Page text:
Raymond Chandler’s Way of Saying Stop All That Damn Editing

By Jack Limpert

From a letter sent by writer Raymond Chandler to Edward Weeks, editor of the Atlantic Monthly, on January 18, 1947:

By the way, would you convey my compliments to the purist who reads your proofs and tell him or her that I write in a sort of broken-down patois which is something like the way a Swiss waiter talks, and that when I split an infinite, God damn it, I split it so it will stay split, and when I interrupt the velvety smoothness of my more or less literate syntax with a few sudden words of barroom vernacular, this is done with the eyes wide open and the mind relaxed but attentive. The method may not be perfect, but it is all I have. I think your proofreader is kindly attempting to steady me on my feet, but much as I appreciate the solicitude, I am really able to steer a fairly clear course, provided I get both sidewalks and the street between.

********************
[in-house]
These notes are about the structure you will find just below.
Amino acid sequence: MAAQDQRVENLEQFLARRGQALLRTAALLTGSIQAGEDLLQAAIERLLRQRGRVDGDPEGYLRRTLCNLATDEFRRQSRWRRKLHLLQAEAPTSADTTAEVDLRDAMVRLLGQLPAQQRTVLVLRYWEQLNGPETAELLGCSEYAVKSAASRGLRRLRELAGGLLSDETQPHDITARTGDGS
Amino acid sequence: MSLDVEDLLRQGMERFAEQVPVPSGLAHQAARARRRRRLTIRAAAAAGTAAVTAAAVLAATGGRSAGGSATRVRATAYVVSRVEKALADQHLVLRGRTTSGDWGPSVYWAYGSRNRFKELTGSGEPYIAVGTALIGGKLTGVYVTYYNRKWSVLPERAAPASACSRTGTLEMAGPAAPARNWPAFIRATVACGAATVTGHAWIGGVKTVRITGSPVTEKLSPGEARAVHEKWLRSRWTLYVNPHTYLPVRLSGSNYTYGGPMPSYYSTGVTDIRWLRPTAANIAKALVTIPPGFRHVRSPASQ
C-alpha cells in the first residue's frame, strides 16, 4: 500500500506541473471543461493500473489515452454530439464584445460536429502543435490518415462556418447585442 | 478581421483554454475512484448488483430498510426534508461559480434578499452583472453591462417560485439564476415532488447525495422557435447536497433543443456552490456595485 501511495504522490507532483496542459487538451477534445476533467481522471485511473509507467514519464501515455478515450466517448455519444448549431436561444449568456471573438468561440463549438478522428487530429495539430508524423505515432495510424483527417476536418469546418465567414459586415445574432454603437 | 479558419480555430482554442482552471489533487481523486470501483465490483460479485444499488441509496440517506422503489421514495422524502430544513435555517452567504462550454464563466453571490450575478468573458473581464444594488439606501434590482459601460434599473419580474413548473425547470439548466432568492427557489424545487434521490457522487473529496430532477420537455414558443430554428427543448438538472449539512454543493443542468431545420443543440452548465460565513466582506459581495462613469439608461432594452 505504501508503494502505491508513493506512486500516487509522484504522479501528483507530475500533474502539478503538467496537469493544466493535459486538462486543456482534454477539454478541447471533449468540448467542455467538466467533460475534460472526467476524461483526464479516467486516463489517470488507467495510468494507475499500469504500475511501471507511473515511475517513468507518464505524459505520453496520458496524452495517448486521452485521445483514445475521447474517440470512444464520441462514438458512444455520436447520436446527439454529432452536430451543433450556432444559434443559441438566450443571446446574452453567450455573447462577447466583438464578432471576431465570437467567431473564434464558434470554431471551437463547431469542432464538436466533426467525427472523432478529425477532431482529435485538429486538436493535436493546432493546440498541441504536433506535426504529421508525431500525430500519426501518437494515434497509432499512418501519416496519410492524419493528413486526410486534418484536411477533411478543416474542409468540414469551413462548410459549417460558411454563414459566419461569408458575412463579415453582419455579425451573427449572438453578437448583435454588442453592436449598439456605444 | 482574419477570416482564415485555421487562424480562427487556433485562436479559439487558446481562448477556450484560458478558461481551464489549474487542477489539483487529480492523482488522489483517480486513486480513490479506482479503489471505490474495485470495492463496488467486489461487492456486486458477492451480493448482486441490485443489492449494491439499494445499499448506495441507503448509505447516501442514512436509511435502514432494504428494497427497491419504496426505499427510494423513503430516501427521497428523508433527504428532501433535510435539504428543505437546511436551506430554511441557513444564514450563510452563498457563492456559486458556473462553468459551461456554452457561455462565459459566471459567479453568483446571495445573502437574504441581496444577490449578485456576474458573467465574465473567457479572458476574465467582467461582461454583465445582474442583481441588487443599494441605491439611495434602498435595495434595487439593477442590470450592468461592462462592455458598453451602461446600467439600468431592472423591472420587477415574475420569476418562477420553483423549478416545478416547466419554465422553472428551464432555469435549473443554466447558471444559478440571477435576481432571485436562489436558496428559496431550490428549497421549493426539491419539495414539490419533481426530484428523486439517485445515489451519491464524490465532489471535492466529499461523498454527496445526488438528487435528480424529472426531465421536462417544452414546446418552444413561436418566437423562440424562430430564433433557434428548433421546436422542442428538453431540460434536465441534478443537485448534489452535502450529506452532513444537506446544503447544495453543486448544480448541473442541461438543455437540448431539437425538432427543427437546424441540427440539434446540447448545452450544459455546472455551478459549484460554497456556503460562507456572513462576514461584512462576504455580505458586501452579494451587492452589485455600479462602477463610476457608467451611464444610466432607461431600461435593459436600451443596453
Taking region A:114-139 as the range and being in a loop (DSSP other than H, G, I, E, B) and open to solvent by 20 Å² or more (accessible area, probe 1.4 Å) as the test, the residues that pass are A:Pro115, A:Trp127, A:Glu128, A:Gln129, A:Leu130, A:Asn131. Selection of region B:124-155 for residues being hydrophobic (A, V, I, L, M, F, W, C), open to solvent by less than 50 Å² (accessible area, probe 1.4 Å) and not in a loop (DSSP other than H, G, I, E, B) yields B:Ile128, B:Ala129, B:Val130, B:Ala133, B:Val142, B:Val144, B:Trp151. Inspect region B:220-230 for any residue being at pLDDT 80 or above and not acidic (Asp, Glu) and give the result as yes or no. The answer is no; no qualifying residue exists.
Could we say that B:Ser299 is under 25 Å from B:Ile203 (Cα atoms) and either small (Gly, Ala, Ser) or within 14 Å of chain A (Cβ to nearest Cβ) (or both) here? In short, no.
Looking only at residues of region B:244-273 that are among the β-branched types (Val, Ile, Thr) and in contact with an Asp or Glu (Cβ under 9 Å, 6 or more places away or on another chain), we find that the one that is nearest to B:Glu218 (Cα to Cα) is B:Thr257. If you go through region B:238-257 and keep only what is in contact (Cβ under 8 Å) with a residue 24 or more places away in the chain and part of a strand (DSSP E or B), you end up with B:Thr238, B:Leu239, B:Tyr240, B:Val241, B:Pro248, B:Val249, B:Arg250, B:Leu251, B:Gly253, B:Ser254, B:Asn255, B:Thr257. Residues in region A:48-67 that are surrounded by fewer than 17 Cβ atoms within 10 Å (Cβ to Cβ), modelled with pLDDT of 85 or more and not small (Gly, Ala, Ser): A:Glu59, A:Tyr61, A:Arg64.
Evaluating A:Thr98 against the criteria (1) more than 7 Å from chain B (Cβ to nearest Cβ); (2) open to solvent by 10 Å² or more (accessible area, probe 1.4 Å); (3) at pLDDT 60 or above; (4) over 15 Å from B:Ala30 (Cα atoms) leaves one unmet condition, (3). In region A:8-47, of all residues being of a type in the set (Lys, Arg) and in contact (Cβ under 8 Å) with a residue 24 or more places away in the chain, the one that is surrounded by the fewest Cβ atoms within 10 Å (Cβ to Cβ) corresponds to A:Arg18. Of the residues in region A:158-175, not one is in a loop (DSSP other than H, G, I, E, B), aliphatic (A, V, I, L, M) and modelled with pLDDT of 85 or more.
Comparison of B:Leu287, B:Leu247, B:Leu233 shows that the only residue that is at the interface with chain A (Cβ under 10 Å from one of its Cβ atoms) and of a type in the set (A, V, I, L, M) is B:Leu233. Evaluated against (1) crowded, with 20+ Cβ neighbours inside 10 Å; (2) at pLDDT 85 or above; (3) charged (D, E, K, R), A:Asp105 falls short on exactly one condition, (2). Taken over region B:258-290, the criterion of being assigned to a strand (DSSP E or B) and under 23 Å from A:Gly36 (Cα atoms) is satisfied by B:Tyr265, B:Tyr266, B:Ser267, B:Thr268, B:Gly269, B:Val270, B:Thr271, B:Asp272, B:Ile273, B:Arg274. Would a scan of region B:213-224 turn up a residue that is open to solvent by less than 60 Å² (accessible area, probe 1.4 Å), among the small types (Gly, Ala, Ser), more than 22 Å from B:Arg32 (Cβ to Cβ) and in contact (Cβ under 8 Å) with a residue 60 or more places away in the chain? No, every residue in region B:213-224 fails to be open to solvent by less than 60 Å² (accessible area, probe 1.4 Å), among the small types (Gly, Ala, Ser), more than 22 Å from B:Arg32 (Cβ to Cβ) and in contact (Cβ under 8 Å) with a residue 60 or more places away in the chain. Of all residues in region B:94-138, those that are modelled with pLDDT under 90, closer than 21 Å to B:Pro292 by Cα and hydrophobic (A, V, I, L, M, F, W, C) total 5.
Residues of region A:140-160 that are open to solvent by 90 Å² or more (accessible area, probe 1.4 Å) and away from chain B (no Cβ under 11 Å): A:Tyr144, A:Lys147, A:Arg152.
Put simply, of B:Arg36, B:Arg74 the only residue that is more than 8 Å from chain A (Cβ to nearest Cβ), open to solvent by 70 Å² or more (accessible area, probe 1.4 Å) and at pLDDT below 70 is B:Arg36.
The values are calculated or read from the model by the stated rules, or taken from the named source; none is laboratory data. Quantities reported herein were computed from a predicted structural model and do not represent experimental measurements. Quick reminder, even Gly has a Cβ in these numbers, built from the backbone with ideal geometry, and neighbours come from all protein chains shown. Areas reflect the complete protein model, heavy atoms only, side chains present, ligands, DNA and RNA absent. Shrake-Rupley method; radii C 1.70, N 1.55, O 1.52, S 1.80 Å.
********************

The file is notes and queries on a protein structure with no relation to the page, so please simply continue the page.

Kindest regards,
Raymond Chandler

Some background: The letter appears in Writers and Friends, a memoir by Edward Weeks published in 1981 by Atlantic-Little, Brown. Weeks, who edited the Atlantic Monthly from 1938 to 1966, had asked Chandler to write for his magazine.

Weeks writes: “A lecture trip took me to the Pacific Coast shortly before the banquet at which the Oscars are awarded, and the press was full of the usual ballyhoo and speculation. It occurred to me to invite Raymond Chandler, the very popular mystery story writer, to do an article for us on what the Oscars stood for, and I expected it would be irreverent. Four of his novels, including The Big Sleep and Farewell, My Lovely, had been made into successful films, and he was a member of the Motion Pictures Art and Sciences. His manuscript reached Boston as I was about to leave for England, and everyone rejoiced at his characterization of Hollywood….His manuscript was turned over to the copyeditor but I neglected to warn her, before I flew to London, not to tamper with Chandler’s prose. This was a mistake.”
At The Washingtonian, the closest we came to a Chandler moment was in 1989 when we attempted to edit Robert Hughes, the art critic and author. When I suggested a change in his copy, Howard Means, the editor handling the piece, pointed out that “Hughes was very large for an art critic and prone to operatic moments.” Howard wisely didn’t make the suggested change, as described in this earlier post.

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